By GREGORY HICKOK IN the early 19th century, a French neurophysiologist named Pierre Flourens conducted a series of innovative experiments. He successively removed larger and larger portions of brain tissue from a range of animals, including pigeons, chickens and frogs, and observed how their behavior was affected. His findings were clear and reasonably consistent. “One can remove,” he wrote in 1824, “from the front, or the back, or the top or the side, a certain portion of the cerebral lobes, without destroying their function.” For mental faculties to work properly, it seemed, just a “small part of the lobe” sufficed. Thus the foundation was laid for a popular myth: that we use only a small portion — 10 percent is the figure most often cited — of our brain. An early incarnation of the idea can be found in the work of another 19th-century scientist, Charles-Édouard Brown-Séquard, who in 1876 wrote of the powers of the human brain that “very few people develop very much, and perhaps nobody quite fully.” But Flourens was wrong, in part because his methods for assessing mental capacity were crude and his animal subjects were poor models for human brain function. Today the neuroscience community uniformly rejects the notion, as it has for decades, that our brain’s potential is largely untapped. The myth persists, however. The newly released movie “Lucy,” about a woman who acquires superhuman abilities by tapping the full potential of her brain, is only the latest and most prominent expression of this idea. Myths about the brain typically arise in this fashion: An intriguing experimental result generates a plausible if speculative interpretation (a small part of the lobe seems sufficient) that is later overextended or distorted (we use only 10 percent of our brain). The caricature ultimately infiltrates pop culture and takes on a life of its own, quite independent from the facts that spawned it. © 2014 The New York Times Company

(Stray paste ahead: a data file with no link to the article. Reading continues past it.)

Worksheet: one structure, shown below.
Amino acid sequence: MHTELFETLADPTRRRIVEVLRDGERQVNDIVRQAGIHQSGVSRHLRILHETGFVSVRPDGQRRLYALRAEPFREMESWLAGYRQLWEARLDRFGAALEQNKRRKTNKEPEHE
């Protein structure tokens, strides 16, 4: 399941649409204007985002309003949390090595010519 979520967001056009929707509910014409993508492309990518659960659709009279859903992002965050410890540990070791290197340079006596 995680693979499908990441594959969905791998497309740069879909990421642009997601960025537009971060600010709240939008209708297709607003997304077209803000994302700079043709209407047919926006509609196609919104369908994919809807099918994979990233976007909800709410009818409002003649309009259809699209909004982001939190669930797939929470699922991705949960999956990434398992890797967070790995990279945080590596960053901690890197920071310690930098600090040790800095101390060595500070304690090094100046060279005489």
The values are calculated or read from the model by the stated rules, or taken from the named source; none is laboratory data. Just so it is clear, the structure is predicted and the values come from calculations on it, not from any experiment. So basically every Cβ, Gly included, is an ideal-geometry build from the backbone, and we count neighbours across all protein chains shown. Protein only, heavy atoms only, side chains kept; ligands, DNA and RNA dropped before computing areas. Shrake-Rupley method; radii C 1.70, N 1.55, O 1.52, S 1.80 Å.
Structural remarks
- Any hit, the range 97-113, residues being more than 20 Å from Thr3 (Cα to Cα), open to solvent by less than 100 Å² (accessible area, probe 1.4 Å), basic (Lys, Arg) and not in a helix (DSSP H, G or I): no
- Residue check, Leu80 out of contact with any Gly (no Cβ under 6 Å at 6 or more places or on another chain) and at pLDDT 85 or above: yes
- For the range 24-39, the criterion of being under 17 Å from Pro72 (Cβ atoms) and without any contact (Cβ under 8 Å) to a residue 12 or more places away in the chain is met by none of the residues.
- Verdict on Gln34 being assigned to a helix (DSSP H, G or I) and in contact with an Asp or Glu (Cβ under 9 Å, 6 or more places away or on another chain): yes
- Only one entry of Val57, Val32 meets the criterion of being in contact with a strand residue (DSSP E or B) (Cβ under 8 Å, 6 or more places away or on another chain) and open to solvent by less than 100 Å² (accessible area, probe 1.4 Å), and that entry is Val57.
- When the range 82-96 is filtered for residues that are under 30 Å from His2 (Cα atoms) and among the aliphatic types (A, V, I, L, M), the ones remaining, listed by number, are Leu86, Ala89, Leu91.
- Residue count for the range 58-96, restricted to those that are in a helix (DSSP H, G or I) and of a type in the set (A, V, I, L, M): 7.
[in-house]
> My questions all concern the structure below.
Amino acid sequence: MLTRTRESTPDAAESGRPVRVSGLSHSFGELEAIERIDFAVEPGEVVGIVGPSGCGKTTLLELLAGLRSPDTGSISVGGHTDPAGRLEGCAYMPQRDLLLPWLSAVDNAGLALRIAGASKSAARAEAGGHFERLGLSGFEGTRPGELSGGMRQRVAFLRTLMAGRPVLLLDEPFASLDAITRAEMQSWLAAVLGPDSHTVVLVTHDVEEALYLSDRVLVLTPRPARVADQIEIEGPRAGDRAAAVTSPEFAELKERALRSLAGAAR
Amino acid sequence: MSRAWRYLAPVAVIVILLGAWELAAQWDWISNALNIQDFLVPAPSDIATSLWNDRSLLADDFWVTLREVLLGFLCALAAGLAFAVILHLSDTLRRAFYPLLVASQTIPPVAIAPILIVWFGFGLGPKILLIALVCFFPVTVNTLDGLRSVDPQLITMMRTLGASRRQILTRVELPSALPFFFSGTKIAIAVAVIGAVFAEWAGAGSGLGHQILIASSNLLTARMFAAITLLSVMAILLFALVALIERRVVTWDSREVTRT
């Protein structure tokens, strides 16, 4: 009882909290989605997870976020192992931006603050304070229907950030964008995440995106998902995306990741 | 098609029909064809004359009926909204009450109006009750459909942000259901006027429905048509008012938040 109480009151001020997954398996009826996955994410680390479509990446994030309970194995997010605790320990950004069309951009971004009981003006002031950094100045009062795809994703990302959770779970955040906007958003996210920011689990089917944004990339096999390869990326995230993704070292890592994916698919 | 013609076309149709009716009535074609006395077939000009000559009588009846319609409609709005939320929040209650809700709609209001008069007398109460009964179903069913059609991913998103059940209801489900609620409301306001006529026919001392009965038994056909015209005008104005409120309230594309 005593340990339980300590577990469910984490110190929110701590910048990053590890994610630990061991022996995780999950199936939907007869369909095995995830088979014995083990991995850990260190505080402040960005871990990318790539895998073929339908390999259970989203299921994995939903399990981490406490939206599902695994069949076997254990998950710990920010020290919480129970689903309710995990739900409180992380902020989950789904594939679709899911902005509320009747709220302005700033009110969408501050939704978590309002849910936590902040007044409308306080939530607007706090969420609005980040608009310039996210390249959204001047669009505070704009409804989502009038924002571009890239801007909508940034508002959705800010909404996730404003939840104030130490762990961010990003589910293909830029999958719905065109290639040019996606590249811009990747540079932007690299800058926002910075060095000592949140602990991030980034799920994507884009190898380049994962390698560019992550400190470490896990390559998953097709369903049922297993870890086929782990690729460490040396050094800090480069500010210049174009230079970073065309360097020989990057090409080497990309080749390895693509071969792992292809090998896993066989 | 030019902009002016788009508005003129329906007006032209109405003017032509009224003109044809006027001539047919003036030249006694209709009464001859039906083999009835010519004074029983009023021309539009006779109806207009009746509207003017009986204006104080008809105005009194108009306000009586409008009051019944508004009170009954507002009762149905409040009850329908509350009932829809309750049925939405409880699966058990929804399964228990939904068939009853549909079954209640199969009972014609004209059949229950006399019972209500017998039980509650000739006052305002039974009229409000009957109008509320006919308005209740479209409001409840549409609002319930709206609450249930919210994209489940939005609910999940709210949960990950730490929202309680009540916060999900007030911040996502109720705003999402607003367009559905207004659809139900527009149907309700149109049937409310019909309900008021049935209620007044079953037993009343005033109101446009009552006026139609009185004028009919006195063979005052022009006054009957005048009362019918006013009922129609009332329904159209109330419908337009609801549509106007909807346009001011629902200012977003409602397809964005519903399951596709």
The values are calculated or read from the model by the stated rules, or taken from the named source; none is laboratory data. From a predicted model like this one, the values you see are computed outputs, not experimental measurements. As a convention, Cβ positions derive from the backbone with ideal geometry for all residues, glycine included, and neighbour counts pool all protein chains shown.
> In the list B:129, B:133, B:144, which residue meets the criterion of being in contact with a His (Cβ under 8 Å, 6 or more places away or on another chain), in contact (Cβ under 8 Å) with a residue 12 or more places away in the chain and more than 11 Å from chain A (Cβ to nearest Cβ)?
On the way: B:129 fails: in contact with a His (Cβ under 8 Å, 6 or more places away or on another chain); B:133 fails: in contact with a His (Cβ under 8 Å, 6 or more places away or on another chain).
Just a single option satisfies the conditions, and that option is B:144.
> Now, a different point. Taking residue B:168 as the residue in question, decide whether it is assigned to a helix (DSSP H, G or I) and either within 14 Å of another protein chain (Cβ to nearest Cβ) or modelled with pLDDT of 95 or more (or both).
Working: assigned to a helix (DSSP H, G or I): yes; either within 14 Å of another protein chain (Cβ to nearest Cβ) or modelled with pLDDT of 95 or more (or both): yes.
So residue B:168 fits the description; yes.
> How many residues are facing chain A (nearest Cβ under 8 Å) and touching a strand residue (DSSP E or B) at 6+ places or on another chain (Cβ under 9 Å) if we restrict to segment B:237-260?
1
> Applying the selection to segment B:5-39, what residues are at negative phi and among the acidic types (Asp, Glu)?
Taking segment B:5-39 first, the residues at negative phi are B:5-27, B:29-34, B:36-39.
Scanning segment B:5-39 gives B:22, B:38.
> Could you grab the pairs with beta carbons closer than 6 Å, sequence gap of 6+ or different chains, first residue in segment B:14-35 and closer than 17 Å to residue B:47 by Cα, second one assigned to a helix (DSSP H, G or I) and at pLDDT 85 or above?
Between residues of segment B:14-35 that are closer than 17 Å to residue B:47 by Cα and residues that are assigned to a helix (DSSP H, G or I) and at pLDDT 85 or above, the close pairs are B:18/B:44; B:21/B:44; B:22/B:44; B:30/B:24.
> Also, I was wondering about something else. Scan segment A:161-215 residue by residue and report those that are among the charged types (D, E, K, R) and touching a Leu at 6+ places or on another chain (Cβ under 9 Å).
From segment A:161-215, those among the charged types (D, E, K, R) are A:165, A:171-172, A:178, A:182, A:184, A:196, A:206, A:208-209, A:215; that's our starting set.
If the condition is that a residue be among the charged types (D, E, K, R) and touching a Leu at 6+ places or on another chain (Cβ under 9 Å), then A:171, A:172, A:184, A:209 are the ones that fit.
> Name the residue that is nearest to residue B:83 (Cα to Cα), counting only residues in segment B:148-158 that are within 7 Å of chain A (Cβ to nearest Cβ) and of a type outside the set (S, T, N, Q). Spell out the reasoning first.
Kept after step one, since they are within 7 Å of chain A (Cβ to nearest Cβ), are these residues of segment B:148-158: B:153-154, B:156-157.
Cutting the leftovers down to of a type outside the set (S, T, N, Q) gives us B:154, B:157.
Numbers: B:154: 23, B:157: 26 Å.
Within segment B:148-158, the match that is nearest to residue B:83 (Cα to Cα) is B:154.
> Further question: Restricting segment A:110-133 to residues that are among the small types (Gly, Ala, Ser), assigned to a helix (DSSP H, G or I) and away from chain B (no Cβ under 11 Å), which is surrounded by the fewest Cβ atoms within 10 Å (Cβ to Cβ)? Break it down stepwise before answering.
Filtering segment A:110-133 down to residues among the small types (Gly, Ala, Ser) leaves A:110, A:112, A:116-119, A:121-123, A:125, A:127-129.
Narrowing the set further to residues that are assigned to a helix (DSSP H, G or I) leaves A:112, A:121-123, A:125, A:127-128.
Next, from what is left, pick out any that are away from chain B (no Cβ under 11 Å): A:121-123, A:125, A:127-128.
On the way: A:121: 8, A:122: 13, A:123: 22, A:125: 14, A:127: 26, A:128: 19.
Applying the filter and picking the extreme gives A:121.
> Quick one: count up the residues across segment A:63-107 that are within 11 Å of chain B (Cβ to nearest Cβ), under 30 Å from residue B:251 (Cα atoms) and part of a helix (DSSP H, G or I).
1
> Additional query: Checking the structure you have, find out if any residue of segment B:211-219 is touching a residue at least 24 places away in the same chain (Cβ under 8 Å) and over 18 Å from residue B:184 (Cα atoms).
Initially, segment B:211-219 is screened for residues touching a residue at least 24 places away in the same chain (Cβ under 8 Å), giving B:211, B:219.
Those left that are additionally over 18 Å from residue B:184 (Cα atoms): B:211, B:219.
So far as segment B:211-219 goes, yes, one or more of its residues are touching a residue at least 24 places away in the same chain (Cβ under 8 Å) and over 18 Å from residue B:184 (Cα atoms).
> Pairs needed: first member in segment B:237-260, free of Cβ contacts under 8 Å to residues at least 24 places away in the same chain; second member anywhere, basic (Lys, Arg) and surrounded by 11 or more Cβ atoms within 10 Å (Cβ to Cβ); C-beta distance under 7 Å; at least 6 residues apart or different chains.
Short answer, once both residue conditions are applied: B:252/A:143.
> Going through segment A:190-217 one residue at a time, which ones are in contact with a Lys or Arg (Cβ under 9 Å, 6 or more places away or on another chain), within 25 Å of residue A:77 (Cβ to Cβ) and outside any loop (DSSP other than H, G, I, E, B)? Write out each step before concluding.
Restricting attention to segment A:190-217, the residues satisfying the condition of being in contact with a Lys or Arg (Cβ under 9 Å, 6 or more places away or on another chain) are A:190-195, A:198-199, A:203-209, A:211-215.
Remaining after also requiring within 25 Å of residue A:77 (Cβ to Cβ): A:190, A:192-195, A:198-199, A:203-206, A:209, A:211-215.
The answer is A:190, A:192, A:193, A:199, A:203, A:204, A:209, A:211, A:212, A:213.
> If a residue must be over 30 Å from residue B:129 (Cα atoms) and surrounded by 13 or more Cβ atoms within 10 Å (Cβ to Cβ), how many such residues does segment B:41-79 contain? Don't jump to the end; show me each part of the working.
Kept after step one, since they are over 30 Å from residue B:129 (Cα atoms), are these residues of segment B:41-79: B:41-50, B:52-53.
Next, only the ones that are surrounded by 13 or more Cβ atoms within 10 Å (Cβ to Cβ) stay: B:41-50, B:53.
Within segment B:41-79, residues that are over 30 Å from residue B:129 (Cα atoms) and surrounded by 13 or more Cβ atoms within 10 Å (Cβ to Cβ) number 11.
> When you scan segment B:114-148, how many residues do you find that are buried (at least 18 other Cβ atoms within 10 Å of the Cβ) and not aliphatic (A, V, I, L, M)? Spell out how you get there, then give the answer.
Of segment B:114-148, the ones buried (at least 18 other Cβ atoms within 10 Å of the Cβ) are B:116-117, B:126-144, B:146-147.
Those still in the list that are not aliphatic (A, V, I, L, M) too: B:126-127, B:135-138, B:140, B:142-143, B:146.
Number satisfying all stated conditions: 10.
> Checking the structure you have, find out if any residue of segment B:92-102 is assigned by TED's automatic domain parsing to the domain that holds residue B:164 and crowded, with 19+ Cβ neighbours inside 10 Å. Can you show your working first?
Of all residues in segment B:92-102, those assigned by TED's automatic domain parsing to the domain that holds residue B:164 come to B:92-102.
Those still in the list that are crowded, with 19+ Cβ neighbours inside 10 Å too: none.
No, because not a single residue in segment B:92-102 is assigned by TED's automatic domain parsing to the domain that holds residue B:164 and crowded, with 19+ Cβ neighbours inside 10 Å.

Keyword: Brain imaging; Aggression
Link ID: 19911 - Posted: 08.02.2014